The Cowboys running game wasn't great on Sunday, but it was effective.
My apologies for this week's film review coming a few days late. I also regret to inform everyone that the popular "Film Breakdown" will not be done this week. I am officially out of the US Navy as of this week and I am in the process of moving back to Dallas over the bye weekend. I should be back to my regular blogging schedule soon.
What was the difference between the first two games of the season and the win against Houston? What changed that suddenly propelled the Cowboys back into the realm of ability we all believed they had before the season started?
I can tell you one thing: it wasn't a sudden change in coaching philosophy. Jason Garrett has actually put together great game plans all season long, altering them a bit to accommodate each opponent and his playcalling -- while popular to bash him for it -- has been fairly well rounded in all three games. Wade Phillips called a much smarter game against Houston, but this is still the same defense we've seen for the past few seasons.
What changed was execution. A much more balanced and crisp performance by every unit of the team was the difference against Houston and showed us that when the Cowboys actually focus on the task at hand, they're going to be one tough team to beat. After watching the game again (once with the excellent radio commentary of Brad Sham and Babe Laufenberg as my audio companion) it is now apparent just what sort of team these Cowboys can truly be if they just execute and not shoot themselves in the foot.
I know, that's a tough task for this team. One can hope, however.
After the jump, my thoughts from a season-saving win.
- Much has been made over the past few days over the running game "emerging" against Houston and how the better balanced offense was what sparked the scoring success. In reality, the Cowboys ran the ball just as much as they did the first two games. I know the stats say the Cowboys ran 27 times, but before that fourth quarter, minute-eating drive the balance between run and pass was the same it's always been. The difference here was that the running game was actually effective, even if the average per carry still isn't great.
Both Marion Barber and Felix Jones picked up big chunks in the running game, forcing the Texans to play their linebackers a bit closer to the box at times. This opened up the area in front of the safeties in the zone, which was promptly taken advantage of the passing attack.
The Cowboys are never going to be a running team. With Tony Romo, Dez Bryant, Miles Austin, Roy Williams and Jason Witten on this team the best attack for the Cowboys is to air it out and move the ball downfield. The Cowboys don't have to be more committed to "running the ball more" to be effective; the Cowboys need to be committed to "running the ball more efficiently" for the offense to truly find the right balance.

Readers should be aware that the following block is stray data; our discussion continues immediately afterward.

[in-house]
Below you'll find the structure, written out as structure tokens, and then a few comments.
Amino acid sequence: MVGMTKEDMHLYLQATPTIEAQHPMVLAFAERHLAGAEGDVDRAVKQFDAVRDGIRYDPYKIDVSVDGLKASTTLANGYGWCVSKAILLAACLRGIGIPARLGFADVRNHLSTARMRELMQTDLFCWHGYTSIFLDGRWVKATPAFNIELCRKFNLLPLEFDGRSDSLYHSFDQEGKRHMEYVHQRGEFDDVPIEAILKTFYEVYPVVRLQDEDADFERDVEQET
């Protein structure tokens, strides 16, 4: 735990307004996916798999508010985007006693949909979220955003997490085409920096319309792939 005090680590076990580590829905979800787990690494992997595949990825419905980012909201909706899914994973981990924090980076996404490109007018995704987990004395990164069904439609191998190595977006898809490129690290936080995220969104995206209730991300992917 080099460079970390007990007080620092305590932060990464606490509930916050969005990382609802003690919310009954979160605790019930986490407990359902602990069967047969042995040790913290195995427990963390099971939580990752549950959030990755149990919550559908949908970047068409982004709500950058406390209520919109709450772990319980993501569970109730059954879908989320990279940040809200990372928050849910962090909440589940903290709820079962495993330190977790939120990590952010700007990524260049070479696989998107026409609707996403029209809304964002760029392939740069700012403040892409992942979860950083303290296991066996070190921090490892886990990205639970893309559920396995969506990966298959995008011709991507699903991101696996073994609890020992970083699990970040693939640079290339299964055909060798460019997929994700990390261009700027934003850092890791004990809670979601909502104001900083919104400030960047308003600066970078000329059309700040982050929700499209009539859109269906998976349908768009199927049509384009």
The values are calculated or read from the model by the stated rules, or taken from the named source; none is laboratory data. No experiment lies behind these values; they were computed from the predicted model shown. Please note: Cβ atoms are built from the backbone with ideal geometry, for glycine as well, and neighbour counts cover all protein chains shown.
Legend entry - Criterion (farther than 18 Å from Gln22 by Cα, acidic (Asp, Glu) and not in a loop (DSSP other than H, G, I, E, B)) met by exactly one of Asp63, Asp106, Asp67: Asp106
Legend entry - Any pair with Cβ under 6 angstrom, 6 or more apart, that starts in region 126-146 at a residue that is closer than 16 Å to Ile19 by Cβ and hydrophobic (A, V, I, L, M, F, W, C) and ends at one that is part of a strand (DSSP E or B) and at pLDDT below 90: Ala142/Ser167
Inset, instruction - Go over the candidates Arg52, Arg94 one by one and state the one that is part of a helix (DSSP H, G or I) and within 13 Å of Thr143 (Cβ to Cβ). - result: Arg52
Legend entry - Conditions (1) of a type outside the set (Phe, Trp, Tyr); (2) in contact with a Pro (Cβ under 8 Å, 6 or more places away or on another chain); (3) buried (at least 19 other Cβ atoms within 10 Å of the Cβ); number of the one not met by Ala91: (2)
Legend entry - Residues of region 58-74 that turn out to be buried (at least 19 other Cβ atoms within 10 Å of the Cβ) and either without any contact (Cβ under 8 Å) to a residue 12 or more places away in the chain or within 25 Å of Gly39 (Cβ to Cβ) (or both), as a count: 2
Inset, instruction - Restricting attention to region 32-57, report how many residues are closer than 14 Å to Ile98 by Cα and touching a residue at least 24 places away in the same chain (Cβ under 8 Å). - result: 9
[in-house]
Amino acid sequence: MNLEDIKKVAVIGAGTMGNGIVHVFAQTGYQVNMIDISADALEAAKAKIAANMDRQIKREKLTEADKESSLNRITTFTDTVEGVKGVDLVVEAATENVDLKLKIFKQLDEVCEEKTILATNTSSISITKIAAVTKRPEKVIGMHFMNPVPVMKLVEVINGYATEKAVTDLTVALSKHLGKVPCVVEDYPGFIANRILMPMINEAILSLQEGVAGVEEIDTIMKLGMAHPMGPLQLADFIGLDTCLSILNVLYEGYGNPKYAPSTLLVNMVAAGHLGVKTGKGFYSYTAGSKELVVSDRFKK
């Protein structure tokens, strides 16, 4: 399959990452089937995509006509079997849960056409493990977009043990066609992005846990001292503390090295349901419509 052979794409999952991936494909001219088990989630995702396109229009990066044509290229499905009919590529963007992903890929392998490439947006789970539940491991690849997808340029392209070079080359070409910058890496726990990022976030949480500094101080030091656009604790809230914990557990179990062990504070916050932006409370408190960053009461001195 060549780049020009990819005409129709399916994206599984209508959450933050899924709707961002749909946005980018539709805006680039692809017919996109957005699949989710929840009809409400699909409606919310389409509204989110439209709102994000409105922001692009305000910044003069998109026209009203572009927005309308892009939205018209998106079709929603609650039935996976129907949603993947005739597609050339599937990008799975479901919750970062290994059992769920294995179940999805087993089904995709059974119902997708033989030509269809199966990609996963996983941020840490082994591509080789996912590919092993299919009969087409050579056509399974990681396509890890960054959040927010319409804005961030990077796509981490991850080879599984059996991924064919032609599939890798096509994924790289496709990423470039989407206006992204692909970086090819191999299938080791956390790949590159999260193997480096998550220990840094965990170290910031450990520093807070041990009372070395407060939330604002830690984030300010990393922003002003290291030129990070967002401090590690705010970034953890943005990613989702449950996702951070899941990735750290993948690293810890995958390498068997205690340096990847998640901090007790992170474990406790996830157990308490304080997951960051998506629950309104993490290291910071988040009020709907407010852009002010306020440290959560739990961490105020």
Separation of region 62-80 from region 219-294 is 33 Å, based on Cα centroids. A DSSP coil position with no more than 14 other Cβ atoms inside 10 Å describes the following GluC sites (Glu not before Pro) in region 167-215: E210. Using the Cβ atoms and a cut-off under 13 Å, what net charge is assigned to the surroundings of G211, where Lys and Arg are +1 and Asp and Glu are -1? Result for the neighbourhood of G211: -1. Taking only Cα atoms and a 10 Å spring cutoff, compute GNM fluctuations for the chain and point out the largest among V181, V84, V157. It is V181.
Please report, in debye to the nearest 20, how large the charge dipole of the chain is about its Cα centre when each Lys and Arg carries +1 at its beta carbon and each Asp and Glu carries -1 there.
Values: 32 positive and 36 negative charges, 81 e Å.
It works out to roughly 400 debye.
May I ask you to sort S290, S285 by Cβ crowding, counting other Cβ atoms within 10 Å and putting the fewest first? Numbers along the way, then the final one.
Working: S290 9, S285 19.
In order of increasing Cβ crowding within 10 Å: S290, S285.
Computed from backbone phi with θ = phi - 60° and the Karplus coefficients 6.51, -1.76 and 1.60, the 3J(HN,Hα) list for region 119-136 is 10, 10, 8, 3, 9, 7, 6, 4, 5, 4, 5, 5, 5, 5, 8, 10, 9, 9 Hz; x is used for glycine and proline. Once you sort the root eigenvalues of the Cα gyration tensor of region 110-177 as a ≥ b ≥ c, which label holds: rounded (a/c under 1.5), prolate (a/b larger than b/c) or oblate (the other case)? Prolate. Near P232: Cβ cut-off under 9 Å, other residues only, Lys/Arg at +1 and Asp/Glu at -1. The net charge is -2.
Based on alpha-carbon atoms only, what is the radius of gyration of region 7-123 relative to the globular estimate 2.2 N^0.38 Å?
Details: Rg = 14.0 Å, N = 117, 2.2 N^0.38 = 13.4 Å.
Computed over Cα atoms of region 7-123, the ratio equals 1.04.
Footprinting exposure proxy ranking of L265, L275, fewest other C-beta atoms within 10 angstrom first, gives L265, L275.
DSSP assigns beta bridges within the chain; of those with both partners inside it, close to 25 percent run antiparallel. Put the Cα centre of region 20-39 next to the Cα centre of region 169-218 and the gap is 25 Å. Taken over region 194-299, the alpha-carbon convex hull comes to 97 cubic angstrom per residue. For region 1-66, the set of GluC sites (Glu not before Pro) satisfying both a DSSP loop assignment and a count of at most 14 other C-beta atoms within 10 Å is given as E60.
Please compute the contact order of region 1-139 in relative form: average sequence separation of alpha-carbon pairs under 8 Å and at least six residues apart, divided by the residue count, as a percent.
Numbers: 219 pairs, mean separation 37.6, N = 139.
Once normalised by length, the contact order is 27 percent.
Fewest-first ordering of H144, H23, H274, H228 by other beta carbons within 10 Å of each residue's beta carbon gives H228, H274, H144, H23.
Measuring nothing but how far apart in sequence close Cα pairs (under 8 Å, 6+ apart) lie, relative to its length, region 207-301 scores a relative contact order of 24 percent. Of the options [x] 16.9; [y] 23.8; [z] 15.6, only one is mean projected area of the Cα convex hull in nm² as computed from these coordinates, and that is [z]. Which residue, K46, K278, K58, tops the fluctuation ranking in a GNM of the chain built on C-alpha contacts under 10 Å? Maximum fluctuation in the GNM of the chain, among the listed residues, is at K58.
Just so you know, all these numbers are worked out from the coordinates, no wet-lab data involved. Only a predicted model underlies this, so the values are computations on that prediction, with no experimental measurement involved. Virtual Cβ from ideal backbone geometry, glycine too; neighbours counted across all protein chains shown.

- We've been wondering all season what had happened to Felix Jones and this past week we saw that he still possesses that speed we all loved so much last season. The Cowboys are still trying to force him to run between the tackles on slow-developing running plays but this past Sunday Garrett finally realized he had to get Felix out in space.
The screen play in which Felix went off for a 33-yard gain was a thing of beauty. Garrett bunched the receivers to the left side of the formation and ran a slight bootleg to the right. The initial motion of the offense to the right, combined with a nice fake by Romo, had the defense faked out and Felix had a wide open sideline with which to work. For 20 yards it was sprint between Felix and a couple of offensive linemen. It's a shame that Austin's block in the back penalty (a block exactly like that one happens all the time yet is rarely called) negated the big gain.
- Continuing in that theme a bit, the Cowboys finally were able to use their patented delayed draw to much success. Several times the Cowboys ran the delayed draw out of the shotgun to Felix, which spread the defense out and gave the ball to the Cowboys fastest running back with plenty of space to work with up the middle. Both plays resulted in big first downs.
- We talked over the past few weeks how Tony Romo, while still having great games, still looked just a bit "off". Against the Texans, Romo was damn near perfect. This game showcased his pinpoint accuracy, his great decision making and his ability to extend plays in order to get big gains. On the game-changing, 90-yard scoring drive in the second quarter the Cowboys converted three 3rd-and-long plays, all off of perfect passes by Romo.
What was more impressive was his display in just how much command he has of Jason Garrett's offense. On the clinching 63-yard touchdown pass to Roy Williams, the original call was for a draw to Marian Barber. Jason Witten was lined up in the backfield and the offensive line fired off the snap for a run. Yet Romo and Williams made an adjustment between them, calling for a quick slant that took advantage of the single-safety formation the defense had lined up in. Barber picked up a blitz, Romo hit Williams in stride and he was off to the races.